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Posted: February 20, 2011 12:00 a.m.

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The costs of SPLOST

Supporters of SPLOST point to the fact that non-residents pay sales tax, and; therefore, contribute to Newton County projects. The opposition isn't sold on the entire list and some simply want to end a tax that they can actually control.

If the SPLOST is voted down on March 15, it can be brought back for a vote in one year, but officials say losing even one year of revenue would be costly.

This first part of The News' SPLOST series will cover the basics of sales tax and SPLOST: Why do they exist and how do they work? And most importantly, how much will SPLOST cost taxpayers, regardless of whether it's passed.

Complex math: What will it cost?
Newton County residents spent a total of $750 million in the county in 2007, according to the county's 2008 economic development study, which means they contributed $7.5 million to SPLOST. During the 2007 calendar year, SPLOST collections totaled $11.38 million. The simple math shows that non-residents contributed the remaining 34 percent of collections.

Using those percentages for 2010 SPLOST collections - just more than $10 million - means Newton residents contributed $6.63 million to SPLOST. Dividing that number by the county's estimated population of 104,828, shows that the average Newton County resident contributed $63.29 to SPLOST in 2010. Previous census estimates said the average family in Newton County was 2.94 people, so that family would have paid $186 last year.

The projection is a very rough estimate and will vary widely among families.

If the SPLOST is not passed, at least some of the projected $57.6 million list would have to be paid through another form - property taxes. Chairman Kathy Morgan believes that at least $38 million worth of projects would need to be completed by the county at some point during the next six years. The simple division shows that county property taxes would have to cover an additional $6.33 million per year.

Using the weighted average of home sales during the past two years and census data, The News estimated that the average Newton County home would be valued at $126, 778. Assuming that property's value did not drop, that homeowner would pay an additional $136 in county property taxes in 2011. This doesn't include any possible property tax rate increases by cities.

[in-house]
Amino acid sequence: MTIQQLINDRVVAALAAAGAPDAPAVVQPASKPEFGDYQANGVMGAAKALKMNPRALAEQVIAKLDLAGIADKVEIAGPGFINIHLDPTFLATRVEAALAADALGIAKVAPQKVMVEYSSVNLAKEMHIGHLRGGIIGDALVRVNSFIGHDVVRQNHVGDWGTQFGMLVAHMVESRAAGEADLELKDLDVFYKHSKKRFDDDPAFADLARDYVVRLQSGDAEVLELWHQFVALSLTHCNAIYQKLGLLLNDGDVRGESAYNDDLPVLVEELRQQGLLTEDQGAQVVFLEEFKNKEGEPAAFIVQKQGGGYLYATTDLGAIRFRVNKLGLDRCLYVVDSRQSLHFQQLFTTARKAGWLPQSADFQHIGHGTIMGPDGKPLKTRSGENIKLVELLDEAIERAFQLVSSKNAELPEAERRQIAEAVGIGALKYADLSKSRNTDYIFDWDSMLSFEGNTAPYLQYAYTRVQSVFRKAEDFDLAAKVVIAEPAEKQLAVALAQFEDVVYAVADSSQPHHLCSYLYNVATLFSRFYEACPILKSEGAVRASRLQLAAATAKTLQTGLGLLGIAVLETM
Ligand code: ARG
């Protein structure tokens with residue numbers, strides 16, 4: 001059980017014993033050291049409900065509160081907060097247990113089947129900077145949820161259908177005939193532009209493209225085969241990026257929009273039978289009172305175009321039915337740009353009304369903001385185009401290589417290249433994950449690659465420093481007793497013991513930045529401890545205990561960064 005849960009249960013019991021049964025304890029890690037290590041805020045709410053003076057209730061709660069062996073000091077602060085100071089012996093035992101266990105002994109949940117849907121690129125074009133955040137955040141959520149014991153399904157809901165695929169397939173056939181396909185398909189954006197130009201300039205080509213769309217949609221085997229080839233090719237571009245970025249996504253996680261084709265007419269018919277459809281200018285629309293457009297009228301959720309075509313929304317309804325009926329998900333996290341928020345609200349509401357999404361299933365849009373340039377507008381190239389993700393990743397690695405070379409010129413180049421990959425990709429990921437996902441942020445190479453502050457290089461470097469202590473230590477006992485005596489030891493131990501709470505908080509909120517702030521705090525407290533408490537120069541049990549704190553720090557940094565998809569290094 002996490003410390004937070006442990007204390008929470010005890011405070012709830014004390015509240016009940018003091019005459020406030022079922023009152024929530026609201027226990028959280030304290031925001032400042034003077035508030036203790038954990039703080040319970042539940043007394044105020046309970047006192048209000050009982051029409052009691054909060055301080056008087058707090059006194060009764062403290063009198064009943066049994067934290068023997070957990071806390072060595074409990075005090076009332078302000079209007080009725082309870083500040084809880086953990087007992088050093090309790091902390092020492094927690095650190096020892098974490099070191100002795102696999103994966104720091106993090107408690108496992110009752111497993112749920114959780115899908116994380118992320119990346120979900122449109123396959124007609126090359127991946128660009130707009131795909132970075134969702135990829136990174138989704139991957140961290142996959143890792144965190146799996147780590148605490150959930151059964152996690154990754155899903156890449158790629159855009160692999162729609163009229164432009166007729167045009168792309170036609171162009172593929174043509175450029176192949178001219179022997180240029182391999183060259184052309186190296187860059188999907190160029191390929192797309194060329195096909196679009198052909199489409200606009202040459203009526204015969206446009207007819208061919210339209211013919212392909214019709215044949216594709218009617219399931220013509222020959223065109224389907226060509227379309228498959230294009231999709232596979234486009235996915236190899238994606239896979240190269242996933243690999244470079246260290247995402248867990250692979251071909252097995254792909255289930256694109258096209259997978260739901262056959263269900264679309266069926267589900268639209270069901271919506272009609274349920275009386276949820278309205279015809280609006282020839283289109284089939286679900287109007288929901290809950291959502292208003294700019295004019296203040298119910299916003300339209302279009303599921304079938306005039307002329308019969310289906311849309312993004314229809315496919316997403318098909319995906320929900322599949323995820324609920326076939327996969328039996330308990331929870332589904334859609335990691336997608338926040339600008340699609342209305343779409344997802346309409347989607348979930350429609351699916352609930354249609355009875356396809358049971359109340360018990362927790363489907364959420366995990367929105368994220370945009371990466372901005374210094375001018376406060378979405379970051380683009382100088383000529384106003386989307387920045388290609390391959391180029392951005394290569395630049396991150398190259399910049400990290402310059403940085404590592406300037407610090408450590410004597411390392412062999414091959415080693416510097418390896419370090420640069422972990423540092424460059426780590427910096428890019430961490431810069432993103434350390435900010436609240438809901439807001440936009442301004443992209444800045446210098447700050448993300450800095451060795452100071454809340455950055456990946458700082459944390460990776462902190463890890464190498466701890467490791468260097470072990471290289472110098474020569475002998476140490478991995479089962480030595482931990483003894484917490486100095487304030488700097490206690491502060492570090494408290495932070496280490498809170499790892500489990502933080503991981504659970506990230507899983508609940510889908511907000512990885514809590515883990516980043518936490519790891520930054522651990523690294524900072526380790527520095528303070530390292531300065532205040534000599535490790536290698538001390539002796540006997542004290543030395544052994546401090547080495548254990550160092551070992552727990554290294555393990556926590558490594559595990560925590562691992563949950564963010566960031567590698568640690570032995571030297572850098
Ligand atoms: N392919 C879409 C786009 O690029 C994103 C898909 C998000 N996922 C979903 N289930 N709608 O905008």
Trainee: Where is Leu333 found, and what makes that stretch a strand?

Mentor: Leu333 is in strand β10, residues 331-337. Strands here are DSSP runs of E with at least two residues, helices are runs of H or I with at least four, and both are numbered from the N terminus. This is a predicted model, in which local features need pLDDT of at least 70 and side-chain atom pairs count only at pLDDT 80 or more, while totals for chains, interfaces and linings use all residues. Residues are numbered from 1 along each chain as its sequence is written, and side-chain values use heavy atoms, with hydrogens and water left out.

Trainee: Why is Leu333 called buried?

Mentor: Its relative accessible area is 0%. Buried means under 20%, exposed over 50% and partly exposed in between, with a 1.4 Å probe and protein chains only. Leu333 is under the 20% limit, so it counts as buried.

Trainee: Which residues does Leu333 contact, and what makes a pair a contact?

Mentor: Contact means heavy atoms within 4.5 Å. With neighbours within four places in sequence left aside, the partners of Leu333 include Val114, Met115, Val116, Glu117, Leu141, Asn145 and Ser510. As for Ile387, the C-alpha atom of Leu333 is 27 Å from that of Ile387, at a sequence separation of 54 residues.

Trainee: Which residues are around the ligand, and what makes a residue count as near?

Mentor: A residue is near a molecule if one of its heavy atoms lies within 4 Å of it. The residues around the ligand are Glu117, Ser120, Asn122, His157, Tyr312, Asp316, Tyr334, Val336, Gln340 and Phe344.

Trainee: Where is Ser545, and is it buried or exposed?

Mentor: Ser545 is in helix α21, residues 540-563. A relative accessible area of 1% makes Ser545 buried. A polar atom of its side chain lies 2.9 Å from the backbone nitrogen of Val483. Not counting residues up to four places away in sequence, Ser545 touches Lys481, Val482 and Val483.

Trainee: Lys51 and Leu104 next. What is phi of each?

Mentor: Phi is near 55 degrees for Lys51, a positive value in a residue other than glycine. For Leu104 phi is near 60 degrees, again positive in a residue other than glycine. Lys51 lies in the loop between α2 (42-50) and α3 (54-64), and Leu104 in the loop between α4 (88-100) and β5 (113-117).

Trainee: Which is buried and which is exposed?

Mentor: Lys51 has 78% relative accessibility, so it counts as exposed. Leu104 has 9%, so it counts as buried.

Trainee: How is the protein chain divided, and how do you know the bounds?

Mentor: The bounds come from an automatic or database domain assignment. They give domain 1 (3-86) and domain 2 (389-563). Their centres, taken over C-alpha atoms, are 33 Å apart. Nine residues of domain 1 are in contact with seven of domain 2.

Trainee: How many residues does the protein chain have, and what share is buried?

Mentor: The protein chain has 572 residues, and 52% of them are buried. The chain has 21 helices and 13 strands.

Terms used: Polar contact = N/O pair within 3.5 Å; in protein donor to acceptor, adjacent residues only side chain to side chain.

While the SPLOST costs the average family more, the county could lose $3.26 million per year in sales tax revenue from non-residents.

Back to basics: How does the sales tax work?
SPLOST stands for special local option sales tax. Newton County has a 7 percent sales tax rate, according to the Georgia Department of Revenue. For every $1 of goods or services purchased in Newton County, an additional 7 cents is added in sales tax:
- 4 cents goes to the state's general fund
- 1 cent is a local option sales tax which goes to either the county or various cities' general fund
- 1 cent goes to the SPLOST fund, which is kept separate from county and city budgets and is used for capital projects
- 1 cent goes to the education special purpose local sales tax, or ELOST, fund and is used by the county school system for capital projects

The state's 4 percent sales tax and the first 1 percent of local sales taxes help fund the day-to-day operations of government.

The additional 2 percent are used to fund capital projects for the school system and local governments. Capital projects generally include the construction of buildings - like a jail or a school - or the purchase of equipment - like road paving equipment or a school bus.

Newton County residents vote separately on the capital projects sales tax for education and the one for local governments.